NorCal wine country fires: Death toll now 31, 10 identified

SONOMA, Calif. (KABC) -- The death toll has now risen to 31 in the devastating wildfires tearing through Northern California. Hundreds remain missing as the fires continue to burn.

Winds are expected to pick up Thursday, prompting an expansion of evacuation advisories in some areas.

A fire official said this is the deadliest week of wildfires in California history.

Cal Fire has expanded evacuation advisories for the wildfires in Napa, Sonoma and Solano counties. Authorities said 17 of the 31 reported deaths come from Sonoma County.

The names of 10 victims who died in Sonoma County were released late Thursday by the Sonoma County Sheriff's Department. One of them is a 75-year-old woman from Apple Valley who was vacationing in Santa Rosa with her family.

-Carmen Caldentey Berriz, 75 years old from Apple Valley
-Carol Collins-Swasey, 76 years old from Santa Rosa
-Lynne Anderson Powell, 72 years old from Santa Rosa
-Arthur Tasman Grant, 95 years old from Santa Rosa
-Suiko Grant, 75 years old from Santa Rosa
-Donna Mae Halbur, 80 years old from Larkfield
-Leroy Peter Halbur, 80 years old from Larkfield
-Valerie Lynn Evans, 75 years old from Santa Rosa
-Michael John Dornbach, 57 years old from Calistoga
-Veronica Elizabeth McCombs, 67 years old from Santa Rosa

In Napa County, advisories were issued for people living east of Silverado Trail, Soscol Avenue, Highway 221, Highway 29 and north of Jameson Canyon Road.

In Sonoma County, advisories were issued for Palomino Lakes as well as parts of Windsor and Healdsburg. In Solano County, advisories were issued north of Jameson Canyon Road and I-80 and west of Suisun Valley Road.

An evacuation advisory means residents should prepare to leave if the situation worsens.

The wildfires are already well on their way to becoming the deadliest and most destructive in California history. If the blazes gain momentum Thursday, it could erase even the modest gains firefighters have made.

Steady winds with gusts up to 45 mph with nearly non-existent humidity are expected to descend on the areas north of San Francisco, where at least 24 people have died, hundreds more are missing and at least 3,500 homes and businesses have been destroyed.

"It's going to continue to get worse before it gets better," state fire Chief Ken Pimlott said Wednesday.

Entire cities had evacuated in anticipation of the next wave, their streets empty, the only motion coming from ashes falling like snowflakes.

They included Calistoga, the historic resort town of wine tastings and hot springs, whose 5,300 people are all under evacuation orders. Tens of thousands more were also driven from their homes by the flames. A few left behind cookies for firefighters and signs that read, "Please save our home!"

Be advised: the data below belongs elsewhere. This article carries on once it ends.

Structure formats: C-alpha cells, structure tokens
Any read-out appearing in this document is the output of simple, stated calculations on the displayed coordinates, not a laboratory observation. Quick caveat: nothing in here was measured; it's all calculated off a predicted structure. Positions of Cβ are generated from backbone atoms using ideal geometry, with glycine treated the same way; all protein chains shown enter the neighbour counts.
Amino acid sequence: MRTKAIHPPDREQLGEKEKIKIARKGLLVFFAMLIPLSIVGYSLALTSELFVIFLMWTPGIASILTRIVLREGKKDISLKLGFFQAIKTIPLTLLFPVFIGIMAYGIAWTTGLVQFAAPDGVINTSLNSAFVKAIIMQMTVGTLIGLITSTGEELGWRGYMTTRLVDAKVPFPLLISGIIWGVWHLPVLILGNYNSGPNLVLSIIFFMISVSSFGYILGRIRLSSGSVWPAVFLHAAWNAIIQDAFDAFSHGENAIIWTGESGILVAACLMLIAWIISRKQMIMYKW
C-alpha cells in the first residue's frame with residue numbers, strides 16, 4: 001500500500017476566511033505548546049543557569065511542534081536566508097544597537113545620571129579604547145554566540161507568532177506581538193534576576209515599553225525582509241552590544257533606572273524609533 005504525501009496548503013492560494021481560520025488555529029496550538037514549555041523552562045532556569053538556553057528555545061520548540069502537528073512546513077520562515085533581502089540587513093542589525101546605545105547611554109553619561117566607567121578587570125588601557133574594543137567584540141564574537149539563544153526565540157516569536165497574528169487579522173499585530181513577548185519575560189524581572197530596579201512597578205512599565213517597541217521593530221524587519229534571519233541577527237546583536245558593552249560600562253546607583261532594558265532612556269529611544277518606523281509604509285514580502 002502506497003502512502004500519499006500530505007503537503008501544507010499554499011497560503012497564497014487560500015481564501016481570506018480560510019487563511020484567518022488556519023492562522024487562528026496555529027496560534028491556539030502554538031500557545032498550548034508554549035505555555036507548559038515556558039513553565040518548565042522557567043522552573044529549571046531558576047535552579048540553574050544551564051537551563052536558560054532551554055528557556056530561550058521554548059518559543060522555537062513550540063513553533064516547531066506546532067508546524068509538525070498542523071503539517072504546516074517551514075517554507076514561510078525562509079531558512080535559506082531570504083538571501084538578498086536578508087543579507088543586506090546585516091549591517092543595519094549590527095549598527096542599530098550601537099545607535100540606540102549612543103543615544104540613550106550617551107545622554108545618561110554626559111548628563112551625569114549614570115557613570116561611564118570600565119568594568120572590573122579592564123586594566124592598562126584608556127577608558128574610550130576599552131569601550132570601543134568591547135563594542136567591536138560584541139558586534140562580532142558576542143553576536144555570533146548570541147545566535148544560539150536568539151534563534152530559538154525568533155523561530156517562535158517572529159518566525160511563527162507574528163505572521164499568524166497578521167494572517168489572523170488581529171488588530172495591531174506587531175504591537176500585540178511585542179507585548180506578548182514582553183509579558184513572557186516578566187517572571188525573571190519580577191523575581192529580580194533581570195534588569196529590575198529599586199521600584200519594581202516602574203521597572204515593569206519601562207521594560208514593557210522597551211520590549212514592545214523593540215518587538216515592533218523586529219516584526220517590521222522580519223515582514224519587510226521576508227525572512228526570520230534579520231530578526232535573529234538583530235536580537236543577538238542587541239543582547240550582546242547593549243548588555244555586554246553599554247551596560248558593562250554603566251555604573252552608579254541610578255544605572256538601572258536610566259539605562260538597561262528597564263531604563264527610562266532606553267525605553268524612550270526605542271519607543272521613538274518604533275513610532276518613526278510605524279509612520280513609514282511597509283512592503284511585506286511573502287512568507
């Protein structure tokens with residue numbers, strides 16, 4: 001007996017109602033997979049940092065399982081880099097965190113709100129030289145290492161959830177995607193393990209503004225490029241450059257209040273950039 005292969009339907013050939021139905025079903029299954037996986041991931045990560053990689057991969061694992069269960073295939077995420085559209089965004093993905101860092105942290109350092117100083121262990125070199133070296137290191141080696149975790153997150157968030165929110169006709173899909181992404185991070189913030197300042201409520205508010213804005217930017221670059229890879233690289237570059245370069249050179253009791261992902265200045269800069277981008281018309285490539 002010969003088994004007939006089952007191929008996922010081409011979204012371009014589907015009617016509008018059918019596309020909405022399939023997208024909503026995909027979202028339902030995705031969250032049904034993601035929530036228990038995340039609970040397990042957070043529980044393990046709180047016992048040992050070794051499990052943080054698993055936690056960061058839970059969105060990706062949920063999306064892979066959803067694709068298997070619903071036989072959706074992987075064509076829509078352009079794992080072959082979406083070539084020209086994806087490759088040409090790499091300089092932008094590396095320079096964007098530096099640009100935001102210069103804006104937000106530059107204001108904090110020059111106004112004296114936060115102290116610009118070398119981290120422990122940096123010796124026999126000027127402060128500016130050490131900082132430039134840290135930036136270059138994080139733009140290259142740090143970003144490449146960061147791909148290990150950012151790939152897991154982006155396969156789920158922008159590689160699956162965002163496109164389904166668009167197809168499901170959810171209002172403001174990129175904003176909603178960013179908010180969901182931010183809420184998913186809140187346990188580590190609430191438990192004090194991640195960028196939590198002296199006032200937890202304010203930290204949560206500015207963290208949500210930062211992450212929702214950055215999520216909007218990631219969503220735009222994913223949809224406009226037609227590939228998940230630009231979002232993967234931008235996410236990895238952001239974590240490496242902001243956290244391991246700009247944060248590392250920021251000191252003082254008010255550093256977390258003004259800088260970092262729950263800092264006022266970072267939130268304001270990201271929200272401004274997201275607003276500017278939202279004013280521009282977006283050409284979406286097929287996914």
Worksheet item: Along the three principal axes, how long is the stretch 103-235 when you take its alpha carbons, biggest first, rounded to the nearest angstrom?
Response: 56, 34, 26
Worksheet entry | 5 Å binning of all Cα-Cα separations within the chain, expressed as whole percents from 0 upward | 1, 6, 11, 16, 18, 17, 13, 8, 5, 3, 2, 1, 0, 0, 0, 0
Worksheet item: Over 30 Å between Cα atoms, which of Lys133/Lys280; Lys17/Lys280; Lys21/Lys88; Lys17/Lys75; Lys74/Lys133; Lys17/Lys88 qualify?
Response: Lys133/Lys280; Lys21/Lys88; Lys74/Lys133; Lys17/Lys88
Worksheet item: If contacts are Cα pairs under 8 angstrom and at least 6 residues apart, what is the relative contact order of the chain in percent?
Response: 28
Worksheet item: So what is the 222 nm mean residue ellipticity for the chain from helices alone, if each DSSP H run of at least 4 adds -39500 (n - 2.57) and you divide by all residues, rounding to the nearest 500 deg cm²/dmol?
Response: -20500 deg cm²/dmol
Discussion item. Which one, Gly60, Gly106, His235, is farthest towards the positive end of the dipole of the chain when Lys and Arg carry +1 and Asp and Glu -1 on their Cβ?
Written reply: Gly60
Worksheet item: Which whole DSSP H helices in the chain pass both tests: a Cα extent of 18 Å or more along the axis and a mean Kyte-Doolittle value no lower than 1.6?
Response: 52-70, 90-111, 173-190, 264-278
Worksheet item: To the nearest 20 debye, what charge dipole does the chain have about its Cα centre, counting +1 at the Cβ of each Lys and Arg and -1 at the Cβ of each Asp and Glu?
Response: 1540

The 22 fires spanned more than 265 square miles as they entered their fourth day, many of them completely out of control. Modern, strategic attacks that have kept destruction and death tolls low in recent years just haven't worked against their ferocity.

"We are literally looking at explosive vegetation," Pimlott said. "Make no mistake," he later added, "this is a serious, critical, catastrophic event."

The community of Boyes Hot Springs in Sonoma County also was told to clear out Wednesday, and the streets were quickly lined with cars packed with people fleeing.

"That's very bad," resident Nick Hinman said when a deputy sheriff warned him that the driving winds could shift the wildfires toward the town of Sonoma proper, where 11,000 people live. "It'll go up like a candle."

The ash rained down on the Sonoma Valley, covering windshields, as winds began picking up. Countless emergency vehicles sped toward the flames, sirens blaring, as evacuees sped away. Residents manhandled canvas bags into cars jammed with possessions or filled their gas tanks.

PHOTOS: Deadly fires burn in Napa, Calistoga areas

Authorities said 8,000 firefighters and other personnel were battling the blazes and more resources were pouring in from Arizona, Nevada, Washington and Oregon.

To the south in Orange County, cooler weather and moist ocean air helped firefighters gain ground against a wildfire, dubbed Canyon Fire 2, that has scorched nearly 14 square miles

Orange County fire officials said on Wednesday that Canyon Fire 2 was 60 percent contained and full containment was expected by Saturday, although another round of gusty winds and low humidity levels could arrive late Thursday.

PHOTOS: Canyon 2 Fire destroys homes, prompts evacuations in Orange County

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KGO-TV and the Associated Press contributed to this report
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